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Beirut blast probe judge allowed to resume investigation

Tarek Bitar, the lead investigator of the August 2020 port explosion, has faced obstruction from Lebanon's political elite and Hezbollah over the case
Beirut Port blast victims' families demonstrate
Relatives of victims have demanded that investigations into the 4 August 2020 port explosion be allowed to continue (AFP)

Tarek Bitar, the lead judicial investigator into the Beirut port blast, will be allowed to resume his work thanks to a ruling on Tuesday from a Lebanese court. The investigation had been halted for more than a month due to legal disputes from former officials charged in the case.

Bitar's attempts to question past and present Lebanese officials on suspicion of negligence over the August 2020 explosion have been consistently blocked by the country's political class. 

Earlier this year, former Lebanese officials, including one-time finance minister Ali Hassan Khalil and public works minister Ghazi Zaiter, mounted legal complaints against being officially questioned in the probe.

Hezbollah chief Hassan Nasrallah has likewise called on Bitar to be replaced, accusing him of being biased and politicised. 

Those claims, by the leader of the Iran-backed group, have further inflamed Lebanon's fractious government, preventing Prime Minister Najib Mikati's cabinet from meeting since October.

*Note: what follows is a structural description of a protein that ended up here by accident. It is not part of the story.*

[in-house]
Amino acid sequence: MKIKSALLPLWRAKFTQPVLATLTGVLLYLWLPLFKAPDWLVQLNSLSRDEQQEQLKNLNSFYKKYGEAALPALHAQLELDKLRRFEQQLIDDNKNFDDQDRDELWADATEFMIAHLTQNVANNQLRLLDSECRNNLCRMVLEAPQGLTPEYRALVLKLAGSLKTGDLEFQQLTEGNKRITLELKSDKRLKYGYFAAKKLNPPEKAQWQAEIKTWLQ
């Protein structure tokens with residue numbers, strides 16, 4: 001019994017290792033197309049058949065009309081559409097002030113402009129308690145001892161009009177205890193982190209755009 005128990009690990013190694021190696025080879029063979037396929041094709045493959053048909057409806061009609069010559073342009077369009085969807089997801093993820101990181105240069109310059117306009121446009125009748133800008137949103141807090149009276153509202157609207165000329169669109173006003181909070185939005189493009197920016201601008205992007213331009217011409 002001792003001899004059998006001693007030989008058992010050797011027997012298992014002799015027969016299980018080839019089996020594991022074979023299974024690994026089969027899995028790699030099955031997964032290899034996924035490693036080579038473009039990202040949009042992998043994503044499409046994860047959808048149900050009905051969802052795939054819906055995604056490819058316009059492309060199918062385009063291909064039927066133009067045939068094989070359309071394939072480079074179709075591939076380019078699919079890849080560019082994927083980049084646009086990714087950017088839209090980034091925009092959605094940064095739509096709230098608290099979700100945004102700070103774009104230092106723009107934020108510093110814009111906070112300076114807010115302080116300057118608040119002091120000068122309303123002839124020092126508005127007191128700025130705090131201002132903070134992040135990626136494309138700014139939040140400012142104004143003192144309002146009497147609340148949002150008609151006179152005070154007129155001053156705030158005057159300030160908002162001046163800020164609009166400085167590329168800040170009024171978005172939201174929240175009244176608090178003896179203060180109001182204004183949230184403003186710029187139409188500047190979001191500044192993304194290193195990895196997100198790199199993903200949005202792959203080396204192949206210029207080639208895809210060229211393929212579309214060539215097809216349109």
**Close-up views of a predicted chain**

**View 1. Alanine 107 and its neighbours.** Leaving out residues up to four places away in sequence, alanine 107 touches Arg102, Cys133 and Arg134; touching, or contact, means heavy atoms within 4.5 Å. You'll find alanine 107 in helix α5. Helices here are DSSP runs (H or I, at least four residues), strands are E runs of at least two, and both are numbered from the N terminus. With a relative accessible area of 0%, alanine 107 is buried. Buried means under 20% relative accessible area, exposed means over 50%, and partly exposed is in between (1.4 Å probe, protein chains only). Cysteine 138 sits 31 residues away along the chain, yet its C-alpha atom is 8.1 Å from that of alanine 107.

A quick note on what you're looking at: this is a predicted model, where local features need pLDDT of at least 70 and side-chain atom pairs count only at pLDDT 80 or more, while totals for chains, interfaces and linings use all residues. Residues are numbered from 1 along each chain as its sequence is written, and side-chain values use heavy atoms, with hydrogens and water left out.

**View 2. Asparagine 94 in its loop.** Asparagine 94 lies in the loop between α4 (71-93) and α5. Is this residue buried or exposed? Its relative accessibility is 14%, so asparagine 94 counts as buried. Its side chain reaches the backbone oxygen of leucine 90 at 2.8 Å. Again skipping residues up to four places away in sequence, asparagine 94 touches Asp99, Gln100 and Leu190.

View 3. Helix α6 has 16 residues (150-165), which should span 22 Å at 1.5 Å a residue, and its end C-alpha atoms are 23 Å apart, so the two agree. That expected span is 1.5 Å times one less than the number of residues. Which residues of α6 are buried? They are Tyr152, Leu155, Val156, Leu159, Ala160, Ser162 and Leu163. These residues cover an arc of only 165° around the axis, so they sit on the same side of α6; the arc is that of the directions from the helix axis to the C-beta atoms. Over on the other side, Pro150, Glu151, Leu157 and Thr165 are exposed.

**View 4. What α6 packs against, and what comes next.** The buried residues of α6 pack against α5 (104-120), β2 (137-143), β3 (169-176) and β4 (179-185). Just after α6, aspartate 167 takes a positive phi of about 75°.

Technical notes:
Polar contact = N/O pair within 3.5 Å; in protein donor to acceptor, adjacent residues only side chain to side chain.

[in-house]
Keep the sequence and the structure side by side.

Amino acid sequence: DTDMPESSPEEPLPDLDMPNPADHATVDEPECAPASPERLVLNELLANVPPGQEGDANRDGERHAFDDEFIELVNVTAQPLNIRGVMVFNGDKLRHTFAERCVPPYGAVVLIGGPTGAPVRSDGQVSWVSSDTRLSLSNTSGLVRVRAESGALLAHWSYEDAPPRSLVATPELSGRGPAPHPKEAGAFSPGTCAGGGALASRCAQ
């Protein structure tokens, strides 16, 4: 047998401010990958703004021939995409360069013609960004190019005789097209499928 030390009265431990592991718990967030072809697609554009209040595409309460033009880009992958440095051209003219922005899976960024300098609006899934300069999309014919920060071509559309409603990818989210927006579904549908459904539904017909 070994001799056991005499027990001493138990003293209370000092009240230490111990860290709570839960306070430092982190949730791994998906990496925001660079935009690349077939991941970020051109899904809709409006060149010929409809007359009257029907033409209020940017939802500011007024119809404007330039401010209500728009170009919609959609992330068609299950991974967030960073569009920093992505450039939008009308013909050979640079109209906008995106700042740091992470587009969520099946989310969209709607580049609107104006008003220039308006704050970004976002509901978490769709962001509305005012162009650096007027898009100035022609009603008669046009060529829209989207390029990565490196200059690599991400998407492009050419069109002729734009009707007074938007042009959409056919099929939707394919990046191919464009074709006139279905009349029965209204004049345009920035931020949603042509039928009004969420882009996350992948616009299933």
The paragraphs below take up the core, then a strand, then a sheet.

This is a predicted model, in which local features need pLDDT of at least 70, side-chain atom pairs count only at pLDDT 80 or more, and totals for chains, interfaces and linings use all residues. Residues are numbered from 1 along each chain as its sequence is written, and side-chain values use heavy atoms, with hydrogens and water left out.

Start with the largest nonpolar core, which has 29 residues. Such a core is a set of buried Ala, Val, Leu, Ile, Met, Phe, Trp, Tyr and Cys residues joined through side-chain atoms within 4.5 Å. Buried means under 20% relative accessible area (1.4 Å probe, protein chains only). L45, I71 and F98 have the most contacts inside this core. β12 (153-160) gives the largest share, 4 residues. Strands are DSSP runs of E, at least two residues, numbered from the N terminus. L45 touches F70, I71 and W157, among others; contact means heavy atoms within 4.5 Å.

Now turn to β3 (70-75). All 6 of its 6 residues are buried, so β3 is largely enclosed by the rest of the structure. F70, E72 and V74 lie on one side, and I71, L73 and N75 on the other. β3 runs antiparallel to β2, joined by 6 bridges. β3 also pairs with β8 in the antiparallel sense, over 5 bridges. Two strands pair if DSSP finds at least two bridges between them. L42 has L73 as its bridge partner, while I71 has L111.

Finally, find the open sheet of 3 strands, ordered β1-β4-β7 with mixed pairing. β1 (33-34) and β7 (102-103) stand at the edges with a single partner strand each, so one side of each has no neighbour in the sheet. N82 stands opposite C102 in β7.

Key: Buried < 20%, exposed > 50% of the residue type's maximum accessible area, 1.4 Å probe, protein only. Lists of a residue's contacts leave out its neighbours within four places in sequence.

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The Beirut port blast destroyed large swaths of the Mediterranean city and left more than 200 dead, exacerbating Lebanon's already dire economic crisis and laying bare for many the corruption inside the country's government. 

The judicial probe into the explosion, one of the biggest non-nuclear blasts ever recorded, has so far made little progress, angering many Lebanese citizens, including families of the victims. To date, the investigation is yet to publicly identify a single culprit.

Bitar's predecessor, Fadi Sawan, was removed as the lead judge in February after a former official charged with negligence filed a complaint against him.

Activists and human rights groups have condemned the repeated suspensions of Bitar's work as an attempt by politicians to evade justice and derail the official inquiry.

"They have reversed the decision that had led to the suspension of the probe and he can now resume his work for sure," Nizar Saghieh, head of The Legal Agenda, a research and advocacy organisation, told Reuters.

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